Boris Smus

interaction engineering

Sophie's World by Jostein Gaardner

I really enjoyed this one. Clearly a novel for kids, this book provides a nice overview of philosophy. However it is also quite entertaining. Events center around Sophie and her mysterious philosophy teacher. Initially I was disappointed, since it read like a philosophy class given to the reader through letters sent to Sophie, but as the plot thickened, the format changed to socratic dialog.

After a somewhat dry start, it is revealed that in fact the author is himself a fictional character writing a book to her daughter, which reveals a lot of the strangeness that happens in Sophie's World. Towards the end, her world becomes increasingly exciting and fantastical, with cameos from more and more strange fictional characters including Nils and the wild geese. And then it unravels, when Sophie's fictional philosophy teacher reveals to everyone in their world that they are living inside a fiction book. This self-referential trick reminds of Borges and Hofstadter.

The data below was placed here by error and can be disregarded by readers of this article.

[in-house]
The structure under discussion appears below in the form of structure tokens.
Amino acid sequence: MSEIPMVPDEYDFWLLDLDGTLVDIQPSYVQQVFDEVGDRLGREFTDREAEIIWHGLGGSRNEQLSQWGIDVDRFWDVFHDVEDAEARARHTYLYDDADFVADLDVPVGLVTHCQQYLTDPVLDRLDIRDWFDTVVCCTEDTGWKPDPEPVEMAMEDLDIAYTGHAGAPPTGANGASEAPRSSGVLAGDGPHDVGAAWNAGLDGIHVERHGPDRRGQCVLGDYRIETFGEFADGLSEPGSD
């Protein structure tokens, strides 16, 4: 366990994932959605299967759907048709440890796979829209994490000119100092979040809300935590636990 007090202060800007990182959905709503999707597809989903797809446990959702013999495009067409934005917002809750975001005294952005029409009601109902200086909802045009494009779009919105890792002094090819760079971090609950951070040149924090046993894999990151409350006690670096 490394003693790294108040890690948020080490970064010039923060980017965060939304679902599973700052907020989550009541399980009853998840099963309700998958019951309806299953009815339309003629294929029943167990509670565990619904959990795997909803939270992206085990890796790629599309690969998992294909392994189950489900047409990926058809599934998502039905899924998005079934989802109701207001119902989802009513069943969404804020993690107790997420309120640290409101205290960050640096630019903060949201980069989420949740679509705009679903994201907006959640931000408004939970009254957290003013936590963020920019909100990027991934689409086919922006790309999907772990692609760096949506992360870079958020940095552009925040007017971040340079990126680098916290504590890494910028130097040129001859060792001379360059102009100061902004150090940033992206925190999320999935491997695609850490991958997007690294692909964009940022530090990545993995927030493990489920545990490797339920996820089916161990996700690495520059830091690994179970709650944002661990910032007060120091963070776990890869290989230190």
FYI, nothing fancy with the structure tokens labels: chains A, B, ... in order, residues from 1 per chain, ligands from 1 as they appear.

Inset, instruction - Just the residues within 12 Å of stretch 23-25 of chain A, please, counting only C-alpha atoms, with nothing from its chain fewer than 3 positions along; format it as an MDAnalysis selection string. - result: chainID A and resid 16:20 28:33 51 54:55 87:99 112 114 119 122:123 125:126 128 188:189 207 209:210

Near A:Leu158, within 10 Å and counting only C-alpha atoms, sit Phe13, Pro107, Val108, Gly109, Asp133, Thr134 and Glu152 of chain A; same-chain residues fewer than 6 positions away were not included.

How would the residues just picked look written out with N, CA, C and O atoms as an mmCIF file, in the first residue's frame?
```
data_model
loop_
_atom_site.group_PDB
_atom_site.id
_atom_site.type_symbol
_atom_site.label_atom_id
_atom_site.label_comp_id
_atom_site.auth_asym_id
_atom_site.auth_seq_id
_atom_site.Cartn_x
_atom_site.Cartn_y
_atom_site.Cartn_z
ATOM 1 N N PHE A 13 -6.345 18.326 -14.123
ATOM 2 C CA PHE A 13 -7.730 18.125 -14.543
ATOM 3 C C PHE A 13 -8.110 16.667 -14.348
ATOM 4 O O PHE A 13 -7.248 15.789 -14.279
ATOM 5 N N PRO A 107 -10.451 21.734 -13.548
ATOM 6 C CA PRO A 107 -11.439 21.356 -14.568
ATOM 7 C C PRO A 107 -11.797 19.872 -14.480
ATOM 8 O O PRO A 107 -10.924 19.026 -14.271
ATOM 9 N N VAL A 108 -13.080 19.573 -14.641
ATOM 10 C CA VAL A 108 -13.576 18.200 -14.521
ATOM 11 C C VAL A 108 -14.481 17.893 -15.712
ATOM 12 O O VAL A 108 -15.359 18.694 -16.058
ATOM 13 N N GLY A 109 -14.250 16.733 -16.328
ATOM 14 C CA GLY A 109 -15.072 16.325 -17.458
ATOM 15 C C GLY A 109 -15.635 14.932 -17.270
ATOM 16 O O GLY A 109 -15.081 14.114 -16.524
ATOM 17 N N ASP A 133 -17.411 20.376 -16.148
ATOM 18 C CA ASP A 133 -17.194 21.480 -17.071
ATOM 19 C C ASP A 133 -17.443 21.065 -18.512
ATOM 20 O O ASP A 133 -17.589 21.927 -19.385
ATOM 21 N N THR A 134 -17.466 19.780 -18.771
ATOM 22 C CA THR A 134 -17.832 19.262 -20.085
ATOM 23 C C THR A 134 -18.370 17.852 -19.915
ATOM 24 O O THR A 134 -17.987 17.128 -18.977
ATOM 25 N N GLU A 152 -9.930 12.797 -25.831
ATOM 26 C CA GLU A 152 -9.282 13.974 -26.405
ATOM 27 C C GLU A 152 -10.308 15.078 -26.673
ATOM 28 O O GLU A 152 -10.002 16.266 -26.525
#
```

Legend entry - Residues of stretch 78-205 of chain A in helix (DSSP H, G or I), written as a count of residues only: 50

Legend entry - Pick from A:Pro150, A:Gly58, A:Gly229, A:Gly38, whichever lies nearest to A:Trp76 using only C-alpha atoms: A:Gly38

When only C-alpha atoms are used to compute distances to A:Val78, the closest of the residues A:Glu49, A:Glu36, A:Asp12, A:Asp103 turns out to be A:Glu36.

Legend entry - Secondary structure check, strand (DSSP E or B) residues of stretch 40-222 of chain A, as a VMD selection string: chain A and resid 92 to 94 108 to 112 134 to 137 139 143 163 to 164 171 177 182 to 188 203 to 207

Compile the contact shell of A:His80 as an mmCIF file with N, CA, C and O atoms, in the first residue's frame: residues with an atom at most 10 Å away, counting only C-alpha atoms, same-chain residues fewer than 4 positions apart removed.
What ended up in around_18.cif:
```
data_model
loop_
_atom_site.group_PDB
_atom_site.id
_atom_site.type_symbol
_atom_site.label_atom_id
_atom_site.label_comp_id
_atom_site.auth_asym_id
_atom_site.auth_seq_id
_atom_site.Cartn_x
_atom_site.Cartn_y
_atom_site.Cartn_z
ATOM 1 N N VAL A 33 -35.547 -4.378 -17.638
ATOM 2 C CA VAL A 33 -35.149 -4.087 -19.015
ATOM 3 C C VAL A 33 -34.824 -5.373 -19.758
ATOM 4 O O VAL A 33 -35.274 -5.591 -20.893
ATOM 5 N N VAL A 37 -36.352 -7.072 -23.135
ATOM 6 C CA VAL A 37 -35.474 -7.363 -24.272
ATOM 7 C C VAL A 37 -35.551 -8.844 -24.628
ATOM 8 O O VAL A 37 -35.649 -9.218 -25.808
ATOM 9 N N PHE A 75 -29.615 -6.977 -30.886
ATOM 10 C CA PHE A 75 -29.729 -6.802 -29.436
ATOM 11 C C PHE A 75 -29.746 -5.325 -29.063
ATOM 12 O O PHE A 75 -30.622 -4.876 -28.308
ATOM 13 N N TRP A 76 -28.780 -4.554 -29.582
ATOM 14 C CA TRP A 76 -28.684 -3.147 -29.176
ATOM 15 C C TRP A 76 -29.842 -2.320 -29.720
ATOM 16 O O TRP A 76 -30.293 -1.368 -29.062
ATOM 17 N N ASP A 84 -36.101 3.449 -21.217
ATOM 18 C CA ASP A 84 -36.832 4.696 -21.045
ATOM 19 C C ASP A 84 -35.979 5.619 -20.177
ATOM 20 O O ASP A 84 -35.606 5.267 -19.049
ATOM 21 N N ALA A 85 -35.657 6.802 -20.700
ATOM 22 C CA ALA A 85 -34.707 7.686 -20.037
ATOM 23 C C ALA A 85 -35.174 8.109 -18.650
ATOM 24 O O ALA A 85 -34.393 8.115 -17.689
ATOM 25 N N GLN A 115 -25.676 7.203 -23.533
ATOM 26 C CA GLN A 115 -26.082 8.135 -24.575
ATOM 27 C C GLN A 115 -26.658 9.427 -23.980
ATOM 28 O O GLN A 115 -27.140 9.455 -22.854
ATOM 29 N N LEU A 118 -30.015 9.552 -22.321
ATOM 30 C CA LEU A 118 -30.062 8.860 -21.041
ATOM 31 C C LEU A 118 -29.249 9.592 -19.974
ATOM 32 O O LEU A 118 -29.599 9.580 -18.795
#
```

I was quite impressed that the Gaardner was able to fit a full intro to philosophy course into a relatively short book, and still make it entertaining. It passed my bar with flying colors and I'm keen to give it to Ben. It can be his high school philosophy class!